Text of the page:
Quick: You have just a few seconds to catch your audience’s attention, inspire and educate them, then offer a call to action. Internet users are fickle, busy and they don’t have time to waste.
That’s partly why video marketing is so popular—it’s a highly effective engagement tool. According to Visually, a video on a landing page can increase conversions by 80% or more. And according to Brightcove, social video generates 1,200% more shares than text and images combined.
A well thought out video strategy can be an affordable yet highly useful way to communicate and engage with your audience, and you don’t need to hire a professional—you can create good quality videos with just your smartphone. If your nonprofit hasn’t dipped its toes into the world of video marketing, you’ve probably at least talked about it. And now that Google has announced it will include video ads in search results, it could be a smart time to take the plunge.
Here are eight video marketing tips to help you kick off your video strategy:
1. Use video to tell your stories. Testimonies from people who you’ve helped, as well as stories from volunteers and staff are unique to your nonprofit—they make for great original content that no other nonprofit can share. Instead of just writing about these stories, show them. Video is the perfect platform for creating an emotional hook with a story that tugs at the heart.
2. Capture people’s interest. If you know your audience well (and hopefully you do), you know what will pique their curiosity and interest. You can communicate touch points that are pertinent to your cause through video. Share the latest news, research and statistics about an issue that’s near and dear to your organization’s heart. Promote your latest fundraising event and make an ask for registrants or volunteers. Anything that’s relevant and interesting to your constituents could be a potential hot video topic.
3. Get social. More than 100 million people take some kind of action on YouTube (likes, shares, comments, etc.) every week. Encourage interaction such as commenting and sharing, and use platforms like Instagram, Twitter and Facebook to distribute and promote your videos.
4. Get personal. Video is the perfect opportunity to give donors a behind-the-scenes look at how your nonprofit works. You can introduce staff, feature a volunteer of the month, give a quick recap of your latest event or record what it’s like to prepare for an event. Just be authentic—that’s an endearing trait.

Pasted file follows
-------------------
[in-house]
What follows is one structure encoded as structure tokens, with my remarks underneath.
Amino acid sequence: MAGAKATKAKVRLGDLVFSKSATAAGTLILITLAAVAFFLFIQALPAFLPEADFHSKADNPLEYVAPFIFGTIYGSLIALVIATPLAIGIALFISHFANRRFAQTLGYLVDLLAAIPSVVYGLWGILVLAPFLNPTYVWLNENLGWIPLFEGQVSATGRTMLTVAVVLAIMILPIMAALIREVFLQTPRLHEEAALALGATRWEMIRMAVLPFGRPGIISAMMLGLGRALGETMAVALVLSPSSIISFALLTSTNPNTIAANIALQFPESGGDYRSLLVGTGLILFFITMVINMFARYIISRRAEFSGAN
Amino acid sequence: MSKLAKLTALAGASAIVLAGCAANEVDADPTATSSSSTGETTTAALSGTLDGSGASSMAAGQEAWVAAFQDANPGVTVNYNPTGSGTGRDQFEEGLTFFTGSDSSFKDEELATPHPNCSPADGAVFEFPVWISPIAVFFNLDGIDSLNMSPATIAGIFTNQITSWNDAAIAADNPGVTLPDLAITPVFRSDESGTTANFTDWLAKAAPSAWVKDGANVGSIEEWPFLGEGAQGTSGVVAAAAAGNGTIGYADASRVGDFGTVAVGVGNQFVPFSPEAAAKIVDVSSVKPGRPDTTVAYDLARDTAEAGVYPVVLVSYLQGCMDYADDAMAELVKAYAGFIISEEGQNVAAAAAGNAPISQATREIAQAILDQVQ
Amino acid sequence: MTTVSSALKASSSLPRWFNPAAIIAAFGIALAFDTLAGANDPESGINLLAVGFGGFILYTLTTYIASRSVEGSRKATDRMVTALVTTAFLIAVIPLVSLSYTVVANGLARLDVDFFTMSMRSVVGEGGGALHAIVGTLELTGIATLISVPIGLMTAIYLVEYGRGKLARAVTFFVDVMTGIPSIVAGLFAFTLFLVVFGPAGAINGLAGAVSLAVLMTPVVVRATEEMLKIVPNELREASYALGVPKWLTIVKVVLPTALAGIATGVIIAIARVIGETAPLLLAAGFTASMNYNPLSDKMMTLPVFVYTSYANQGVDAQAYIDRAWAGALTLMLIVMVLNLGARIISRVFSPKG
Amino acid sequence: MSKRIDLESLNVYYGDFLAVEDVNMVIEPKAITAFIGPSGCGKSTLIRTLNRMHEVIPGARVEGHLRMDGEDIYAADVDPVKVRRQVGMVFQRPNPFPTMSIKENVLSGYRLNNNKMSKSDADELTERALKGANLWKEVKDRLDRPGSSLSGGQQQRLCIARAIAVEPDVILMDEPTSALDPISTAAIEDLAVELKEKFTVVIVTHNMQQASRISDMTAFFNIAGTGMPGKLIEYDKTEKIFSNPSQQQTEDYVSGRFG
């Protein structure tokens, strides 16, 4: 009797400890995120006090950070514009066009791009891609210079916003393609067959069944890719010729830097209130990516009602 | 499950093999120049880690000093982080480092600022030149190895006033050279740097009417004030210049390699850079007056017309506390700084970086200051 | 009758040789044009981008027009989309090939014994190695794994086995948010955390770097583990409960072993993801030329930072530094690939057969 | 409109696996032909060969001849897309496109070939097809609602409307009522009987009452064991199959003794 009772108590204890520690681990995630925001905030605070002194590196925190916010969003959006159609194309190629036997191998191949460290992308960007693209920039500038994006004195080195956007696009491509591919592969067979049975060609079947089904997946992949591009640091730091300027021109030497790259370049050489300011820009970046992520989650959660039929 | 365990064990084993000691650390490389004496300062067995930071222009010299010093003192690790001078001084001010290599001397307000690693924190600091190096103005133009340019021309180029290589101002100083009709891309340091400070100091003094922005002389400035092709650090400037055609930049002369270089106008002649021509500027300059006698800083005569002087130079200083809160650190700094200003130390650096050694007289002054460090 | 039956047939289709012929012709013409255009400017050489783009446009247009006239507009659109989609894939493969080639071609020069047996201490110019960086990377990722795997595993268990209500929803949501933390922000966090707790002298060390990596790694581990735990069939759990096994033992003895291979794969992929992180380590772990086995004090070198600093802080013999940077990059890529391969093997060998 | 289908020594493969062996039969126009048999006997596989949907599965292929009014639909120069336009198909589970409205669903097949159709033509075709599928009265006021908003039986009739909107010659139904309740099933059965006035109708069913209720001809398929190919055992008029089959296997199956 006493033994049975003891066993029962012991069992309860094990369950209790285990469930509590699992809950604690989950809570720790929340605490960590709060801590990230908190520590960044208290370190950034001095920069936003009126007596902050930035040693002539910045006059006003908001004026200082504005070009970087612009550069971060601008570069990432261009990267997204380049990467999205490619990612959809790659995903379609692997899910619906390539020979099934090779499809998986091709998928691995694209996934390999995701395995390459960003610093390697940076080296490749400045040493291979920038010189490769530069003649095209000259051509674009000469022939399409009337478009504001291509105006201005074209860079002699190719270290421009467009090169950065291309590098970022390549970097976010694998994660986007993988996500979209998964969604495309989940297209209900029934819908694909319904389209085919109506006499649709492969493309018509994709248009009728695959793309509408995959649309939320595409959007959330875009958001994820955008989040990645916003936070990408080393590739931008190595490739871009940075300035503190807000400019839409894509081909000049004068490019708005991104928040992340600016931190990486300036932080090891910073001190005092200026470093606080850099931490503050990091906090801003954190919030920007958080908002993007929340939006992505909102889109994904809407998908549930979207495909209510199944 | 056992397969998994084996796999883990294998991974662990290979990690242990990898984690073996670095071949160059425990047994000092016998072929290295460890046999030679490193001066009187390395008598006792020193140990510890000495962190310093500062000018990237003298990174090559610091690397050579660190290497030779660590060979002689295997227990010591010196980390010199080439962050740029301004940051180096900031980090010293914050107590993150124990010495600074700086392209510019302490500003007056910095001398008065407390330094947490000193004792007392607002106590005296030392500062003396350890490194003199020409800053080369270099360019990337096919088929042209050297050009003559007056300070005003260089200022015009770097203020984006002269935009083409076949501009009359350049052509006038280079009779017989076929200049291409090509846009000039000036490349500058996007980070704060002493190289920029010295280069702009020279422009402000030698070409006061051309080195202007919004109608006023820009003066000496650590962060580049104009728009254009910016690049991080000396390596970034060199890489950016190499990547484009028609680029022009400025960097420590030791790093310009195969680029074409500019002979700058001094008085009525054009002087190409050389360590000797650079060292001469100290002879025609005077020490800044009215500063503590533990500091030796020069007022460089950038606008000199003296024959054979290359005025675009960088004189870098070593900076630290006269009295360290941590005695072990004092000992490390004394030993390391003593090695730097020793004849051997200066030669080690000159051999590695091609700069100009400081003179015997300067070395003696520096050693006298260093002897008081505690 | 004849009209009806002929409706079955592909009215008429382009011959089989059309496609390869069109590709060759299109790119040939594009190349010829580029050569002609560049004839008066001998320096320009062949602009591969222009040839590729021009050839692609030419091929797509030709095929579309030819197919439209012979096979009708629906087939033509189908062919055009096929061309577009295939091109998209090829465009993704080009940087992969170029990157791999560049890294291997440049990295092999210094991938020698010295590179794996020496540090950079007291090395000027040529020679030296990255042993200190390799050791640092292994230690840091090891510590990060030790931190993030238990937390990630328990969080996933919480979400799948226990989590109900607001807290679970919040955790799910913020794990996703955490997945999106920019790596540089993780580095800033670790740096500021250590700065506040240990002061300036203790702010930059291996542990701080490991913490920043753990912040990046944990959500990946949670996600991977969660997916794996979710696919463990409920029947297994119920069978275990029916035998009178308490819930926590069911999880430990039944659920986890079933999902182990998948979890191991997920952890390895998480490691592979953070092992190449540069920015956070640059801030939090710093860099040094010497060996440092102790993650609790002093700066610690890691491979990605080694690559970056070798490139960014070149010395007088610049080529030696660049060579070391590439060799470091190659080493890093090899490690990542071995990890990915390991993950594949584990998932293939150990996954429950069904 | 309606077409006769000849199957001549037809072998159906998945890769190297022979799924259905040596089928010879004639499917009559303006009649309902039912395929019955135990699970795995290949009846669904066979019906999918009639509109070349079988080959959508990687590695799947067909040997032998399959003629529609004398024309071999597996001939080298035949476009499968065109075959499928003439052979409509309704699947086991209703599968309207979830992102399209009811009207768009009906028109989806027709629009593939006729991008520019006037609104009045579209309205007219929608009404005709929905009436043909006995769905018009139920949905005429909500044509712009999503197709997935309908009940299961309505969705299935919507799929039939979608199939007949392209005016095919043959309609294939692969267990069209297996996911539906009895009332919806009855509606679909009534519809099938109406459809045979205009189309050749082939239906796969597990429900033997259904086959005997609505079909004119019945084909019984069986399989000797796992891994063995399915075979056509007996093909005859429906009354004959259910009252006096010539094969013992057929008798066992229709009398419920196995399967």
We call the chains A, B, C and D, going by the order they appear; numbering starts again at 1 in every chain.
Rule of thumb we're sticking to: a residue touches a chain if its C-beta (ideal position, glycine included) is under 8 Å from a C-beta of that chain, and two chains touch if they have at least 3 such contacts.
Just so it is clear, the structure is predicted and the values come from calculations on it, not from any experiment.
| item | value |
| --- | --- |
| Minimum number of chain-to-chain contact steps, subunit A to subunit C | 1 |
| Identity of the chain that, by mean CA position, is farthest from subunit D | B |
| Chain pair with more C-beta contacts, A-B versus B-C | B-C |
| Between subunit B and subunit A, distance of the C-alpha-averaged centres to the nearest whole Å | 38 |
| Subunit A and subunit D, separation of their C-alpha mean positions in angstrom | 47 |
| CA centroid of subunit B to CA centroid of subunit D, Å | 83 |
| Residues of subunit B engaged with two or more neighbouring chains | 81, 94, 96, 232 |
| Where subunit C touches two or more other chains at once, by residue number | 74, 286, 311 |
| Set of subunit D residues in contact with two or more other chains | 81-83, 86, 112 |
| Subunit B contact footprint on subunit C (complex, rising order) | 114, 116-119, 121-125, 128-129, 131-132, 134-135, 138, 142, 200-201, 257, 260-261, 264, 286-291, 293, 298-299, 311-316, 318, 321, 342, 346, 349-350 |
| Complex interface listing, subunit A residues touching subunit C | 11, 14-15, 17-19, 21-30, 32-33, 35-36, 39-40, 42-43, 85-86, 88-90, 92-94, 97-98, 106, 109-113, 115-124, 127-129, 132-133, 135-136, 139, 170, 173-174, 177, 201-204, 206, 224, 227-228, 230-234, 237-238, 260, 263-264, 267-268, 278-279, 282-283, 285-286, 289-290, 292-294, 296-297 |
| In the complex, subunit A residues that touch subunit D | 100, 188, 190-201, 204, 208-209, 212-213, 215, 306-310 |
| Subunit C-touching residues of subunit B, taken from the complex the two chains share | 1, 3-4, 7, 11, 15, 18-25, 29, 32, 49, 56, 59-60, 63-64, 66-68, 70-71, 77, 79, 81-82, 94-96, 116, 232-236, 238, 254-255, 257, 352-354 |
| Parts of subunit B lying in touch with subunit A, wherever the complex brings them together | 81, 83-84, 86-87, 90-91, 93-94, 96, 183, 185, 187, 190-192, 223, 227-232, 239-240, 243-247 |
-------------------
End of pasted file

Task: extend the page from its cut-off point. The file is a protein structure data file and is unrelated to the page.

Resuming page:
5. Keep it brief. With online videos, less is more. Three to four minutes (or less) is considered to be pretty ideal. With longer videos, viewer retention can drop below 50%. Shorter videos also produce higher brand recall than long videos, which means donors will be more likely to remember your message if you keep it succinct.
6. Educate about your cause. You may have plenty of information about your nonprofit’s mission and cause in written form on your website, but video provides another educational tool that may prove to be even more effective. Create a quick video to educate website visitors on the importance of your cause, the need for support and what’s in it for them. This is evergreen content that you can both share on social media and host on your site.
7. Remember mobile. Mobile video usage has been exploding. Last November, Facebook claimed 8 million video views every day with more than 75% of those happening on mobile devices. As mobile video grows, so will mobile video advertising. The ability to capture a constituent’s attention with a video and then redirect them to your website is playing a key role in this growth. Did you know that consumers spent more time engaging with their smartphones than watching TV last year? Engage these smartphone users with a quick video promoting your brand, and send them to your site for more information.
8. Include a call to action. What do you want your viewers to do once they’ve watched your video? Don’t make them guess—clearly tell them. Calls to action like “learn more” or “donate now” can lead to your website and drop visitors off on landing pages created specifically for conversion. The important thing is that you end the video by prompting the viewer to take a specific action.
Take a few minutes now to brainstorm: What are the specific uses for video that could benefit both your organization and constituents?